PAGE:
One unusual text editor which I came across a while ago, was Zim. This isn’t your average text editor. If you have used hierarchical text editors like AllMyNotes Organizer or Tree Notes (commercial), it is sort of similar.
Zim can be used to create pages, and link to those pages, kind of like a wiki functions, hence the tagline, A Desktop Wiki. The application which is written in Python, is available for Windows and Linux. Both versions are identical in usage and features, though the PC version is a few builds behind.
When you first run the app, you will be asked to create a new notebook, which consists of giving it a name and selecting a folder to store it in. This notebook will save your pages which contain your notes; all pages are saved in the TXT format.
The interface of Zim is a bit old-school, with a minimalistic design. Don’t be put-off by it, because it is very easy to get used to. The GUI consists of a menu-bar, a toolbar and 2 panes.The main screen is the Home page, the left pane is the tree view which you can use to navigate to the sub-pages in the notebook. The right-pane in the program is your editor, where you will be typing, editing, formatting the notes, etc.
This is where the application’s unique features come in to play. You aren’t limited to text content, Zim lets you add images, hyperlinks to URLs and local files too. You can drag and drop the content to the interface to add them to the page.
Tip: You can use Zim as a text-editor and use it to edit TXT files using the import option. The export options can be used to save the documents to other formats like HTML, MHTML, Latex, Markdown and RST.
The toolbar has a few navigation options, some formatting styles, and the attach files option. Opening the Calendar option creates a Journal notebook which has automatically categorized sub-pages for the selected year, month and date. The format menu has a lot more options including headings, list styles (numbered, bulleted, checkbox list), scripts, etc. This means can use the program for anything, like keeping a journal, maintaining a record of your expenses, a collection of notes, use it for note-taking in class or meetings, to-do lists, etc. It’s up to you.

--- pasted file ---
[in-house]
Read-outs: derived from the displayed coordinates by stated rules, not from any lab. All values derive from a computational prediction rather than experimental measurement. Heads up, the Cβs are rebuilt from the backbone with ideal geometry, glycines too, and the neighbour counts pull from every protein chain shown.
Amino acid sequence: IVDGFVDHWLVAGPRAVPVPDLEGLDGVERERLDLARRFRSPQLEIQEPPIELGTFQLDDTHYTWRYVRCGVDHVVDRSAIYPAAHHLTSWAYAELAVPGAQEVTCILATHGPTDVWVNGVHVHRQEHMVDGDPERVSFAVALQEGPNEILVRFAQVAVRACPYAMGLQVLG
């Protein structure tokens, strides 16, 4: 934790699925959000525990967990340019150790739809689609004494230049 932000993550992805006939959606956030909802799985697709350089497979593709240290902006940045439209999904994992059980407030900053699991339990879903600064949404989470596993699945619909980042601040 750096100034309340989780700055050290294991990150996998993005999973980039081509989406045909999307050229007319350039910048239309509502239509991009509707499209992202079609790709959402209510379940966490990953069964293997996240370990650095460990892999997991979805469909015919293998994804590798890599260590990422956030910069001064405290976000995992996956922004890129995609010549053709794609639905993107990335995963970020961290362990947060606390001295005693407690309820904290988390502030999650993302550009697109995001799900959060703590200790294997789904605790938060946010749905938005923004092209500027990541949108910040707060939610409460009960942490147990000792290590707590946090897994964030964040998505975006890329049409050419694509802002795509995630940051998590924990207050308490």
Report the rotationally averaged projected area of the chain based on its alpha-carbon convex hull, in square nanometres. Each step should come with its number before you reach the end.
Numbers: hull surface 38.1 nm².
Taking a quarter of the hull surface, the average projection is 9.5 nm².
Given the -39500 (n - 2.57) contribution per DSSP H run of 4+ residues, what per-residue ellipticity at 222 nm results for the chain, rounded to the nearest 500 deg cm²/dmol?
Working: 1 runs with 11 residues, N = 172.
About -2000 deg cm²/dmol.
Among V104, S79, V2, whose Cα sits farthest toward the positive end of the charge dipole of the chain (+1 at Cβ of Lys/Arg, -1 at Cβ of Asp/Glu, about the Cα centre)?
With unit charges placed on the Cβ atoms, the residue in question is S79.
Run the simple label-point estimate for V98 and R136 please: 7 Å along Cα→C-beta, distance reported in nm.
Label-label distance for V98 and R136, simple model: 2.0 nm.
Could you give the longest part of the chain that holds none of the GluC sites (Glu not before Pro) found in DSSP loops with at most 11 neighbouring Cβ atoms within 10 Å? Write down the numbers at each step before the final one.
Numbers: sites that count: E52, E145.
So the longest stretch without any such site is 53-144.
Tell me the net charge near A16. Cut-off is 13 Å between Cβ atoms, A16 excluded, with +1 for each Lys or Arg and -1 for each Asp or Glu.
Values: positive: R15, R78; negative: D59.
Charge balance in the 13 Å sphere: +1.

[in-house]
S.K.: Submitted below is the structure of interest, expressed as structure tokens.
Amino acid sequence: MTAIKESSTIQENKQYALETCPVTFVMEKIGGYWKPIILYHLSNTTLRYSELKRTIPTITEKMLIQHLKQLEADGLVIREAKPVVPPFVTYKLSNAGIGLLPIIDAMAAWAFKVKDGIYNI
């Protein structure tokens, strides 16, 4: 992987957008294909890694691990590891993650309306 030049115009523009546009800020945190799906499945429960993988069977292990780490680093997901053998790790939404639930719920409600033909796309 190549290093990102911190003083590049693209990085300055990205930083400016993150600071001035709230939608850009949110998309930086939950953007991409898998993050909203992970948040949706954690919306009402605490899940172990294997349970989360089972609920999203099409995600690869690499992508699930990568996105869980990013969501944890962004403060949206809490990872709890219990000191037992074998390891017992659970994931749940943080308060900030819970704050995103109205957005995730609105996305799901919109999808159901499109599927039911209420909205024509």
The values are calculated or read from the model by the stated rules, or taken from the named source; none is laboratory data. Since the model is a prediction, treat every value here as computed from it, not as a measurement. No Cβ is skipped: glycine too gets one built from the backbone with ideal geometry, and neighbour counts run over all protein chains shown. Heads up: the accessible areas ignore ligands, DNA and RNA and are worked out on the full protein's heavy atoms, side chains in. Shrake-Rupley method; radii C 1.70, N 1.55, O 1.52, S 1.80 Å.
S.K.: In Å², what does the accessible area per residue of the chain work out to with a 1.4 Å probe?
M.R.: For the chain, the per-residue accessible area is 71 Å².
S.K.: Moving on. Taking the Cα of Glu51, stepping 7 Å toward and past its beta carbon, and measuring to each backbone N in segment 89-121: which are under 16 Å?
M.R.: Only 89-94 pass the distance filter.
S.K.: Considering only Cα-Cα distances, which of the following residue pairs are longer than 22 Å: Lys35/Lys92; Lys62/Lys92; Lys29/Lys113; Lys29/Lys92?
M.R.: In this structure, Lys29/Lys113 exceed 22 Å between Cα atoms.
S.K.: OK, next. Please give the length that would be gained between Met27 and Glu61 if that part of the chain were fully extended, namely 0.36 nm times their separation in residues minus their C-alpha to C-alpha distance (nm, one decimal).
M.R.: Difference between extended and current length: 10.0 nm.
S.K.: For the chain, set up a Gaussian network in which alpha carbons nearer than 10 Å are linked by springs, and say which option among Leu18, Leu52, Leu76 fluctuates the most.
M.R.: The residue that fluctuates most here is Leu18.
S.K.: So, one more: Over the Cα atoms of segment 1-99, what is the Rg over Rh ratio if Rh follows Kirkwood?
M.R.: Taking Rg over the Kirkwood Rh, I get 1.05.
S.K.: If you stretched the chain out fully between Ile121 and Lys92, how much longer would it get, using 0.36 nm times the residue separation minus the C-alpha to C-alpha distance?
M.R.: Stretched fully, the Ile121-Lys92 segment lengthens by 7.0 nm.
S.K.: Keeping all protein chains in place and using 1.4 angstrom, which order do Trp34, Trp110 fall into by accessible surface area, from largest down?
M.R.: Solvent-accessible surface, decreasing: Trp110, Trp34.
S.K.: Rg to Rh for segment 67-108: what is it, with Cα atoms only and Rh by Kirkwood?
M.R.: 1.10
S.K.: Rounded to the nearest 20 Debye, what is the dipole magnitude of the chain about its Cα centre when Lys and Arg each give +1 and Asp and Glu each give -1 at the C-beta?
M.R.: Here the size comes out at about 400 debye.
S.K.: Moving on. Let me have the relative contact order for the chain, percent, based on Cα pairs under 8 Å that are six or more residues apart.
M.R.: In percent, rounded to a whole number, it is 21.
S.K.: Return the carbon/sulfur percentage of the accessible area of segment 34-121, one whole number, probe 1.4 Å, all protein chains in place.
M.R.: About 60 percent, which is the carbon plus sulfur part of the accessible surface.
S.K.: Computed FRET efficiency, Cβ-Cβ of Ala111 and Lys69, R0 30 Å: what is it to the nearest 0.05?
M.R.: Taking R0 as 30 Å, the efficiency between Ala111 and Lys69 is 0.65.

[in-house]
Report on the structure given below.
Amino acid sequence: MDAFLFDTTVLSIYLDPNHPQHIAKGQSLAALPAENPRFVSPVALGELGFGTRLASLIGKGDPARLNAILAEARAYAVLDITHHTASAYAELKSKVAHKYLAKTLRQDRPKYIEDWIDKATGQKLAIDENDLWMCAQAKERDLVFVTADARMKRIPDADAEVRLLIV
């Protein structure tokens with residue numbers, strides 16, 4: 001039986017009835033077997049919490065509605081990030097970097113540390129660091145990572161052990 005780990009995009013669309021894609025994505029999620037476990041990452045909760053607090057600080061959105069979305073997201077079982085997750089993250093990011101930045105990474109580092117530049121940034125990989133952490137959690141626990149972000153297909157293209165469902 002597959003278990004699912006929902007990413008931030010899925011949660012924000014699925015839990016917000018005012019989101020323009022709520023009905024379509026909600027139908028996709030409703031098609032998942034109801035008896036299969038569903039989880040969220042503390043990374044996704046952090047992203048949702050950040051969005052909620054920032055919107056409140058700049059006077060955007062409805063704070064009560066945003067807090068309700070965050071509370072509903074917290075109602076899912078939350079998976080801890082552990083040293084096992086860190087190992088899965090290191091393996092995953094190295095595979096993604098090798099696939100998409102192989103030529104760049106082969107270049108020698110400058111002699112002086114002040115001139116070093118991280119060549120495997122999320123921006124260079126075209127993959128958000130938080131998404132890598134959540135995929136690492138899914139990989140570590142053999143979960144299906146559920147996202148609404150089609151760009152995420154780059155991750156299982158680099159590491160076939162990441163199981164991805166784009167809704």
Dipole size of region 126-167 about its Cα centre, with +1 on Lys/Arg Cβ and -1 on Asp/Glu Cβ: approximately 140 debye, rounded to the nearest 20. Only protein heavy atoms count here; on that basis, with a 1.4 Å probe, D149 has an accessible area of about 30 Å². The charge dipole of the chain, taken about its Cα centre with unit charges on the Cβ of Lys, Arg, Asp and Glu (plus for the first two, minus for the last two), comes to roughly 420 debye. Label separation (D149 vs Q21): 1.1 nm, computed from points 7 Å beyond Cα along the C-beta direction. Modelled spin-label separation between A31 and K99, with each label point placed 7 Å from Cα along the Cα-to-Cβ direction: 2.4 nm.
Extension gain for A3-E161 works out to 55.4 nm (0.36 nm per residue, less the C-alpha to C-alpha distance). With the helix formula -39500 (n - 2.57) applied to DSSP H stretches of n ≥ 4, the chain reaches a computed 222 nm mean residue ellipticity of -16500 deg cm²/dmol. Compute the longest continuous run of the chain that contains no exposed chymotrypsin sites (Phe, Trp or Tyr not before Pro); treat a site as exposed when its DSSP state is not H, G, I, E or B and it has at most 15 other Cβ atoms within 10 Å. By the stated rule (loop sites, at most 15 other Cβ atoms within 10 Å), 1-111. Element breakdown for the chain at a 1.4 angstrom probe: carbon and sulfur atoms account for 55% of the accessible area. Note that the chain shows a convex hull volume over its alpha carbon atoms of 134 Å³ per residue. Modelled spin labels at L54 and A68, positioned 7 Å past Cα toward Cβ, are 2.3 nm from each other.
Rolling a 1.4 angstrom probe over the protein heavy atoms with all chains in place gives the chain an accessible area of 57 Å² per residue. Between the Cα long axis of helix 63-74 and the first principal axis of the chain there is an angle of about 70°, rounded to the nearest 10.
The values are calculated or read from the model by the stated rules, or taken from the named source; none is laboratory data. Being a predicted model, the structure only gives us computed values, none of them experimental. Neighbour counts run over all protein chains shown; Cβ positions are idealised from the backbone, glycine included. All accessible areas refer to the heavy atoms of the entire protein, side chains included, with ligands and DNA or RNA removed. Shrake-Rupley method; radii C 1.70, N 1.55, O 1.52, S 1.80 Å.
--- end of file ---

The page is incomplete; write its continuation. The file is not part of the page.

Tip: Though the toolbar says Strong, Emphasis, etc., the program supports universal keyboard shortcuts for Bold, Italics, Underline etc.
Creating sub-pages and linking
Right-click anywhere on the left-pane to create a new page or sub-page, and choose between the Journal and the default templates. To link to the newly created page, open another page and place the cursor where you want the hyperlink to appear, or just highlight a word and click the Link button (can also use Ctrl + L, or the Insert menu). Links to images and websites will be added as URLs, which will open in your browser. Links to other pages open as a text file in the default editor (e.g. Notepad). Zim also supports backlinks, which are searchable, and lets you see which page links to where.
You can use Zim to build a fully offline Wiki, complete with a working Index page quite easily. And since it can be published as a HTML file, you can even create a website using the application.
Tip: Though there is a Save option, Zim auto-saves your notes. I’d still manually save the notes though, just in case.
Zim Wiki is also available in a portable version, that can be extracted to any folder on your PC or removable drives. I have merely described the basics of the application, there are a ton of advanced features which you can find
Now you: Which hierarchical text-editor do you use?
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